Knowledge of benign ethnic neutropenia is especially important in cancer treatment, because thresholds for continuing chemotherapy (or withholding) or participating in clinical trials may not account for this diversity in "normal" white blood cell counts.
Pseudoleukopenia is a term that simply means that the white blood cell count appears to be low, but in reality it is not. Pseudoleukopenia can be caused by changes in the laboratory sample after collection (in vitro), for example, the accumulation of cells in response to cold. This phenomenon can also occur early in infection, when white blood cells migrate into tissues (to fight infection) or are temporarily used to fight infection before more can be released from the bone marrow .
When considering the potential causes of leukopenia, it is helpful to understand the possible mechanisms responsible for the low rates. They may include:
- Decreased production: conditions such as protein-calorie malnutrition or deficiency of certain vitamins can reduce the availability of basic components for white blood cells so that they are not produced enough. Anything that affects bone marrow function can also cause decreased production.
- Improved breakdown: Conditions like some autoimmune diseases can produce antibodies against white blood cells, so they break down too quickly.
- Increased Intake: White blood cells can be "depleted" as they fight infections in the body, especially serious infections (such as sepsis).
- Sequestration: White blood cells can sequester (accumulate) in the spleen in conditions such as cirrhosis of the liver.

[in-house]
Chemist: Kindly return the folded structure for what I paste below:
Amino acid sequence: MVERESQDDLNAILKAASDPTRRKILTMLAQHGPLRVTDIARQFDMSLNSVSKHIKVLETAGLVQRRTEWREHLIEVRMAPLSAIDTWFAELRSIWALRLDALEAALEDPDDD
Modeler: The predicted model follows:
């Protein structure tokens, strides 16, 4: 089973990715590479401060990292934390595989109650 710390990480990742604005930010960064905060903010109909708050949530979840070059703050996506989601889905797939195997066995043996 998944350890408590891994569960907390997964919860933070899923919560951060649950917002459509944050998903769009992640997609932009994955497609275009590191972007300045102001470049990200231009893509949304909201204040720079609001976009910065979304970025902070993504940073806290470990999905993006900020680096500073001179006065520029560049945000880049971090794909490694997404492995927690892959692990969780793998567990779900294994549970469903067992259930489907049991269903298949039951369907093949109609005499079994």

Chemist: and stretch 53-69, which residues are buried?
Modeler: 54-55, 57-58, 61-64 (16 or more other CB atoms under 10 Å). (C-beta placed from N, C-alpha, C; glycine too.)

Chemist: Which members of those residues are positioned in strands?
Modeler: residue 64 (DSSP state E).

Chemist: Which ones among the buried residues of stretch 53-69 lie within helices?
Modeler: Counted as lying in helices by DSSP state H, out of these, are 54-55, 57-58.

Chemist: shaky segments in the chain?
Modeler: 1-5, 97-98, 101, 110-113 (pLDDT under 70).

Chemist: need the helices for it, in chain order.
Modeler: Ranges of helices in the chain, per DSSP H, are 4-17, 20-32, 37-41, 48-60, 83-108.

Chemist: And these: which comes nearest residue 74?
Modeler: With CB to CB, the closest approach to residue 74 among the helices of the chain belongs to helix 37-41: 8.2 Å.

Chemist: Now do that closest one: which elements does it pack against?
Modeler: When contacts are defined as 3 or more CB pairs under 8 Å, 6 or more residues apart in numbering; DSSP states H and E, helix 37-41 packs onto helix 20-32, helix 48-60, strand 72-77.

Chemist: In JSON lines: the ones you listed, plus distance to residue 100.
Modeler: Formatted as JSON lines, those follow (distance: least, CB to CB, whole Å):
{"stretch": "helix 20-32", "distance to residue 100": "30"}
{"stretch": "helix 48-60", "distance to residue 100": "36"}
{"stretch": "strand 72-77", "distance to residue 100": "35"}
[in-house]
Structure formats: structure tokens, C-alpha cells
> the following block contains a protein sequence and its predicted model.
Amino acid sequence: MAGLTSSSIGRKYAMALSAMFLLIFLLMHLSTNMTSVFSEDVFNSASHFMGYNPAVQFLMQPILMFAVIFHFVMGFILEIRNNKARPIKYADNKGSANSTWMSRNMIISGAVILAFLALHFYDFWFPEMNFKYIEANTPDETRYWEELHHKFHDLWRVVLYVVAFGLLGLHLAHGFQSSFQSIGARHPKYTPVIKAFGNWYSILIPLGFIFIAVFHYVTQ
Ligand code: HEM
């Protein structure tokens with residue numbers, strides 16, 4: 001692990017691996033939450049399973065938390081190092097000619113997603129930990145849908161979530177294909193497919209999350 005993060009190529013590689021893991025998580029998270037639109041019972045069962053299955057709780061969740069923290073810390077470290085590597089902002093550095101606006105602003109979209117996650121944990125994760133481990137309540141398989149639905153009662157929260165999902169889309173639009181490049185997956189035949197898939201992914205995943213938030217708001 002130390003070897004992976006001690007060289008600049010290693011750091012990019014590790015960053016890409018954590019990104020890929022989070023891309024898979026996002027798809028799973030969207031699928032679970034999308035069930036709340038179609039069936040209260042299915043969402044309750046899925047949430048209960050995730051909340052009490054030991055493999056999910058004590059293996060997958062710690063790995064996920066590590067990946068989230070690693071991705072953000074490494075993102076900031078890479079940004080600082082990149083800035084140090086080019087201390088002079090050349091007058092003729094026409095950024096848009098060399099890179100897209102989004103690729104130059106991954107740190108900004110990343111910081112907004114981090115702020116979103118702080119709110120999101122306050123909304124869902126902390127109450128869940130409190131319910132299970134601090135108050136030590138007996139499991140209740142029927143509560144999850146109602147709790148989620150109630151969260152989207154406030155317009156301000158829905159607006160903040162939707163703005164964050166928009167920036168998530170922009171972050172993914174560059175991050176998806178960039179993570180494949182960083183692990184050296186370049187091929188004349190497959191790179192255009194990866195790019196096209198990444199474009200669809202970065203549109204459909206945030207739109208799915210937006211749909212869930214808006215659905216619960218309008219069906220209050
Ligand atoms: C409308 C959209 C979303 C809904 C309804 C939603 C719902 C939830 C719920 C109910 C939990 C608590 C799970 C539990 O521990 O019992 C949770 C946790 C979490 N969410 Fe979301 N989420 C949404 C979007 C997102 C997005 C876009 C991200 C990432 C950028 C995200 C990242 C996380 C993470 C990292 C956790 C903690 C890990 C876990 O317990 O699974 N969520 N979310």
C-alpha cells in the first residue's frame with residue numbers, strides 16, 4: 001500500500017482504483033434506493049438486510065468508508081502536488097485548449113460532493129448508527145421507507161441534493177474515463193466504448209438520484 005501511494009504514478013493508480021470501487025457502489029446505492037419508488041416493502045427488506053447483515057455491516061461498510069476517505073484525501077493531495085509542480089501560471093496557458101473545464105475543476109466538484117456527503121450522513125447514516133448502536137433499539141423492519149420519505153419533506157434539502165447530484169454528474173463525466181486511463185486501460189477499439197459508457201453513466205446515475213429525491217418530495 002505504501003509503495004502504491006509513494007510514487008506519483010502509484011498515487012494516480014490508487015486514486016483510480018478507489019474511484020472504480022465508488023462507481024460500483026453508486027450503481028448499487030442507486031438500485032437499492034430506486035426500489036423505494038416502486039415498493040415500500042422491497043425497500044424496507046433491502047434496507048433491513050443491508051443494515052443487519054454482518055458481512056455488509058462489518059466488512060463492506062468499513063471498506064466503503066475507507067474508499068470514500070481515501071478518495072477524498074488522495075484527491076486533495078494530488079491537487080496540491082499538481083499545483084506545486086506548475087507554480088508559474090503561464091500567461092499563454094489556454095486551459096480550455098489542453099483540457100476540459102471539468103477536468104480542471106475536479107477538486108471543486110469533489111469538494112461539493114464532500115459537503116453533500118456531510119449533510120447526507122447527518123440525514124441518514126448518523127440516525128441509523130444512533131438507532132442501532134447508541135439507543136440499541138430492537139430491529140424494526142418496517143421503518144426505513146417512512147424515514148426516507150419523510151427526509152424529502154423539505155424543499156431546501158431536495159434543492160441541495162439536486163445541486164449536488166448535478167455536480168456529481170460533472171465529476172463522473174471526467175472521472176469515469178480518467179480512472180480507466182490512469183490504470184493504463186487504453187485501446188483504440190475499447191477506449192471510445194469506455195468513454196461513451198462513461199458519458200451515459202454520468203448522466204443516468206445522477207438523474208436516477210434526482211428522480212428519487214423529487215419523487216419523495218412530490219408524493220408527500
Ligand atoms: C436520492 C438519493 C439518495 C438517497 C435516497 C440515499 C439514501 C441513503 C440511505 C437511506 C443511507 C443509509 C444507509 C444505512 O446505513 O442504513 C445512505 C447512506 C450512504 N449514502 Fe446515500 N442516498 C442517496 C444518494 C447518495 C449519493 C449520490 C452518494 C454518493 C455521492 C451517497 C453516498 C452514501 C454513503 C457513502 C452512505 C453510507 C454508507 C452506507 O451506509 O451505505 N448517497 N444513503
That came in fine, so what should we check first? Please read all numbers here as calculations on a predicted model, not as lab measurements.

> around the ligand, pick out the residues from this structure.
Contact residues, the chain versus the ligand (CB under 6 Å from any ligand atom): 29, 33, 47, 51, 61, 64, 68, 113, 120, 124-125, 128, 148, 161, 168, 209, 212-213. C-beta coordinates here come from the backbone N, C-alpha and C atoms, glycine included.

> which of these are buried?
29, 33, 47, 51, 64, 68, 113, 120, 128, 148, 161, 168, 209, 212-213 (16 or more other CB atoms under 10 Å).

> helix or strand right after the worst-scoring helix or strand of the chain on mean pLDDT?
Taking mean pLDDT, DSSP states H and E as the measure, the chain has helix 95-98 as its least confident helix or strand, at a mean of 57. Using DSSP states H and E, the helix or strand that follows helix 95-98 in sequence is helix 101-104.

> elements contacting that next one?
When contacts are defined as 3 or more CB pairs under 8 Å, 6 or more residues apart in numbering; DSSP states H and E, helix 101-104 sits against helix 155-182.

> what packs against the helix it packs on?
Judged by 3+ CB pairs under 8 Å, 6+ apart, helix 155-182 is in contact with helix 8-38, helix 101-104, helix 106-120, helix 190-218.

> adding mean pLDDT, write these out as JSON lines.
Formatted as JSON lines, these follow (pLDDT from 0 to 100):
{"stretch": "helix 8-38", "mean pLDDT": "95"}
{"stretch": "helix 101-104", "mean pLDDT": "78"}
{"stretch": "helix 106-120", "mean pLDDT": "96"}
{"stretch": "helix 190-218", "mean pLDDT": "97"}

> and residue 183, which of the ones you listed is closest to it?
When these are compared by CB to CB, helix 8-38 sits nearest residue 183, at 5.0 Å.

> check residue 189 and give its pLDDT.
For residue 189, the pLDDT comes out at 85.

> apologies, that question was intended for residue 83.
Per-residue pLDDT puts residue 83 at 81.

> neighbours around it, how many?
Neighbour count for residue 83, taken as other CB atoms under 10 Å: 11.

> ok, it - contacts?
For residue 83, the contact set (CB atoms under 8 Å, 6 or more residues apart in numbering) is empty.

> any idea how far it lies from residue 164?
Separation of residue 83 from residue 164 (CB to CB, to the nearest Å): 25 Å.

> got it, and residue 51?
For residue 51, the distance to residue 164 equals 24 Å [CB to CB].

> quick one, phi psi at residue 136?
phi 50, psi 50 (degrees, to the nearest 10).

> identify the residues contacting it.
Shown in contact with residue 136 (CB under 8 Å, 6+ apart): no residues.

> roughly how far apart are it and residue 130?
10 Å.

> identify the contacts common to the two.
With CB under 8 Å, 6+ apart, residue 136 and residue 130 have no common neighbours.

Absolute and relative leukopenia
Considering the number of leukocytes in the general blood test, it is important to note that only a small part of the leukocytes present in the body circulate in the bloodstream. For this reason, the number can sometimes change quite quickly.
Only 2% to 3% of mature leukocytes circulate freely in the blood. About 80% to 90% remain in the bone marrow, where they can be quickly needed. The rest of the leukocytes line the blood vessels, so they cannot circulate freely (and therefore are not detected in a complete blood count). Once in the bloodstream, leukocytes live for an average of two to 16 days .
Several conditions can cause the white blood cells that line the blood vessels to enter the bloodstream ( demargination ), such as shock, intense exercise, or severe stress. This can make it appear normal to have a low white level. Conversely, thinning the blood, such as through a plasma transfusion, can artificially lower the white blood cell count.
We will start by looking at the possible causes of leukopenia in general, and then we will look at the causes that can lead to the deficiency of one type of blood cell compared to another.